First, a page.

Although it’s challenging, modeling should also be fun—and if you’re enjoying yourself, that will come through in your images.  So think about how to pose, and about your hands and your feet and your face, but also remember to smile and laugh and make funny faces.  Try to enjoy the process of creating art while you’re modeling.  If you do so, you’ll probably enjoy the final images too.  

Underwater Modeling Guide

Working underwater adds yet another level of intricacy for a model to consider.  Just like the photographer needs specialized equipment to shoot under the surface, a model needs to specialize her posing.  However, most models don’t know how to shoot underwater, so it’s not often discussed.  I had to learn how by trial and error (and let me tell you, my first underwater shoot was one big error), and by picking up a few hints from that first photographer, who had shot underwater previously and learned the ideas from the floundering of his past models.  

The most important skill to learn concerning modeling underwater is breath control.  It’s also the most counterintuitive.  I’ve now coached around half a dozen new models and several photographers through their first underwater shoot, and this seems to be the make-or-break skill set.  You can’t hold your breath when you go underwater—having air in your lungs will cause you to float quickly back up to the surface while you’re trying to pose.  Instead, you need to oxygenate your blood with several deep breaths and then breathe out all of the air from your lungs before you sink under the surface.  Most people can’t do that the first few tries.  As a survival mechanism, your body instinctively wants to hold as much air in as it can.  I’ve seen a few people blow out their breath right after they go under the surface; this can also work, but it will cause a lot of air bubbles around you, which have a high probability of obscuring the image for the photographer.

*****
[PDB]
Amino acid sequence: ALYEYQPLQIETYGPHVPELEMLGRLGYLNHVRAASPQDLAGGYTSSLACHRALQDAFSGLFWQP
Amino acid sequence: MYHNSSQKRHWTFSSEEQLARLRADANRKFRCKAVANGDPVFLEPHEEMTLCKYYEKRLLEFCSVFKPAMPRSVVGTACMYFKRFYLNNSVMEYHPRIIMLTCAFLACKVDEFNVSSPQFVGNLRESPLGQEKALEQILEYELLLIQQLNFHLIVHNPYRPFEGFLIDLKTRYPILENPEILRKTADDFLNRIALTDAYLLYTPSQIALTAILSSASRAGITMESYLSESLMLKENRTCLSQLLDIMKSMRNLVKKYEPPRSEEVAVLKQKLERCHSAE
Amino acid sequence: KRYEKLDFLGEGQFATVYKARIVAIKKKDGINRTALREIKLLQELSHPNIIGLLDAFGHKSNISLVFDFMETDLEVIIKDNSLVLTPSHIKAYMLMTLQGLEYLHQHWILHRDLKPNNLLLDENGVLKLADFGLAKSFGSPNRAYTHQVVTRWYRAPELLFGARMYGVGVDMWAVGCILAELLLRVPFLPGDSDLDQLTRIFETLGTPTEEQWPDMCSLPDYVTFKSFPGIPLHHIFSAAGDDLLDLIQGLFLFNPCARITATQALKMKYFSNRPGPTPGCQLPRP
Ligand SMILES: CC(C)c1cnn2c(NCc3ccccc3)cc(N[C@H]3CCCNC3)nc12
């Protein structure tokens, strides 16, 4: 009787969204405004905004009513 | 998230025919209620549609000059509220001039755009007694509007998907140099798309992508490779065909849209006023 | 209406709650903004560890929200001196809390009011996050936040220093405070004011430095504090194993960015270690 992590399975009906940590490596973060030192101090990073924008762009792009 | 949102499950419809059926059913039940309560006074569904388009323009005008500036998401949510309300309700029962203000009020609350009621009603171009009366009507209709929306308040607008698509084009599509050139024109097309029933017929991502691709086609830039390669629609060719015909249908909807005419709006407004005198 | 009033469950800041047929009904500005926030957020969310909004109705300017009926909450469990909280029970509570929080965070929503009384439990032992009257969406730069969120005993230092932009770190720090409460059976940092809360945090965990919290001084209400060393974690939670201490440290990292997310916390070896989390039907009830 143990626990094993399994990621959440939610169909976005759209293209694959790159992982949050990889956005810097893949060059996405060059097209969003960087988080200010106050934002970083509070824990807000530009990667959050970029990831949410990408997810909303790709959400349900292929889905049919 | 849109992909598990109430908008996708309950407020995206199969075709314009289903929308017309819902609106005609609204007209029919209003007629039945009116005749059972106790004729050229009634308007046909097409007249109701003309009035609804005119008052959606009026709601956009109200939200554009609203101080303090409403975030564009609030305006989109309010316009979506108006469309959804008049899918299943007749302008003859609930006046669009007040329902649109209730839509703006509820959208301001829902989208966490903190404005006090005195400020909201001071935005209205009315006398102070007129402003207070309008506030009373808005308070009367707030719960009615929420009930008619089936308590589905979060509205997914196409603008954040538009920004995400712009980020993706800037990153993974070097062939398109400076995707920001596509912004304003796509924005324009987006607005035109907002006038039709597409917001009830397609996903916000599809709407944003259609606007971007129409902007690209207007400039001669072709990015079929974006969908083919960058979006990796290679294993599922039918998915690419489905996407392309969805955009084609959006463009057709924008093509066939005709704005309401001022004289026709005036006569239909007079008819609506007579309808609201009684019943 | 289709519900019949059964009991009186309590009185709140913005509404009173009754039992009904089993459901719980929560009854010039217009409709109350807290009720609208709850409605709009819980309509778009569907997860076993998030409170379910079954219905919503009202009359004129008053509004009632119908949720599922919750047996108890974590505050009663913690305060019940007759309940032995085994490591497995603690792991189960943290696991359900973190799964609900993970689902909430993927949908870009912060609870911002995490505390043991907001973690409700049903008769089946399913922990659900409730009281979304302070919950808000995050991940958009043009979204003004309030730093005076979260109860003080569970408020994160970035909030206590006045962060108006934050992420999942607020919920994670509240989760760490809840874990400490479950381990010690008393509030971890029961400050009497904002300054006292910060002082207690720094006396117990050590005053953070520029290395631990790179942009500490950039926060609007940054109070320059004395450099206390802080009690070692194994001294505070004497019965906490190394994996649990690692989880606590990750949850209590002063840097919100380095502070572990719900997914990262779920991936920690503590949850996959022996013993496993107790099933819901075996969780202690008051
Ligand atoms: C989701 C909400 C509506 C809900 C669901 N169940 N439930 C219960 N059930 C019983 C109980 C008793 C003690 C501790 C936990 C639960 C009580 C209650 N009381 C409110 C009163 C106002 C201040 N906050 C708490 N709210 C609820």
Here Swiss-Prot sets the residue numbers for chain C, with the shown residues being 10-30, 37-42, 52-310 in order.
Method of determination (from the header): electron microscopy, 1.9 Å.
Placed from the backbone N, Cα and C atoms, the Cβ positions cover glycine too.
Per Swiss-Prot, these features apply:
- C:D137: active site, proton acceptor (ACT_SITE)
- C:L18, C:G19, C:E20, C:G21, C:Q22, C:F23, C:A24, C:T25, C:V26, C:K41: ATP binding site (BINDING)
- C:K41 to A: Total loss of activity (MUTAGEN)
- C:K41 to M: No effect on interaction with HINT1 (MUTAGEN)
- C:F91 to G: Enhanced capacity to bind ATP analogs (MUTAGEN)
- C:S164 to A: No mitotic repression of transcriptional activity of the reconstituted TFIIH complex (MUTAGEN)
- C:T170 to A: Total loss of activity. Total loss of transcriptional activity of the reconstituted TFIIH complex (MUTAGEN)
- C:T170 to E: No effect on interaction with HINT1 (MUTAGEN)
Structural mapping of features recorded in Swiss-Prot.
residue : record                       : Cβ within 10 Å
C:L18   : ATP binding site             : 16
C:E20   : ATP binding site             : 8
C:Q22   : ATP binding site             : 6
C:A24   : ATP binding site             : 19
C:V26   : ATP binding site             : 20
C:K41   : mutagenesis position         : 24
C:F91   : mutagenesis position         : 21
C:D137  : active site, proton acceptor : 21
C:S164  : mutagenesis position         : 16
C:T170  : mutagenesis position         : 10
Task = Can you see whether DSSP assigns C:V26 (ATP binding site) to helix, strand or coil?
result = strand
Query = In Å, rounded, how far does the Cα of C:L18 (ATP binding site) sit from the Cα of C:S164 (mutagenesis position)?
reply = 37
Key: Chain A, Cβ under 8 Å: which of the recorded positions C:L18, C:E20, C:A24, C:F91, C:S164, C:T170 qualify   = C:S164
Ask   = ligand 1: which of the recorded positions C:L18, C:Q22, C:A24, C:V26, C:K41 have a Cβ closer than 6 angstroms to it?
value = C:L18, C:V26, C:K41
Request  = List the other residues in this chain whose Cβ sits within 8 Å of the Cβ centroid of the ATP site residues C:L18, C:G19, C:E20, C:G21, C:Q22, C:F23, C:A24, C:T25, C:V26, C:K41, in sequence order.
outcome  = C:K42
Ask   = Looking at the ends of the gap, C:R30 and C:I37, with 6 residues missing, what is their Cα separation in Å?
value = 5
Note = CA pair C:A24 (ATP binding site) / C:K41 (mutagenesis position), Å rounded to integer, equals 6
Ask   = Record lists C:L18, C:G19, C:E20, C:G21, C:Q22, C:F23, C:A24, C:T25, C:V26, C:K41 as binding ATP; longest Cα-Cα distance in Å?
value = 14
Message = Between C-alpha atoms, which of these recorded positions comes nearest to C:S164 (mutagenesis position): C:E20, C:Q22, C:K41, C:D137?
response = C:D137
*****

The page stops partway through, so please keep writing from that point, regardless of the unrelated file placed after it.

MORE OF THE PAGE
Once you’re under the water, you still have to deal with the actual posing.  A good underwater shot looks effortless, like you’re floating serenely in a weightless environment.  The very weightlessness that makes the final image look so ephemeral is what makes posing so difficult.  You’re no longer grounded, so if you move one body part, it will affect the rest of your body.  Instead of sinking or staying still, you will always be pulled towards the surface.  From what I’ve seen, different body types seem to pose better in different positions.  I think that this is because of the amount and location of body fat causing buoyancy.  I have a lot of curves for a model, and I’ve found that it’s easiest for me to hold stretched out poses—both vertical and horizontal. If I choose to do a more compact pose, I know that I’ll be fighting either my butt or my breasts trying to pull me back to the surface.  In contrast, my good friend, fellow model, and part fish Mallory Ann is great at compact poses.  She can twist around gracefully in the middle of the water in what seems like an endless series of contortions, but has issues with horizontal poses.  She also has a much more traditional fashion model build, with most of her (tiny amount of) body fat stored in her core.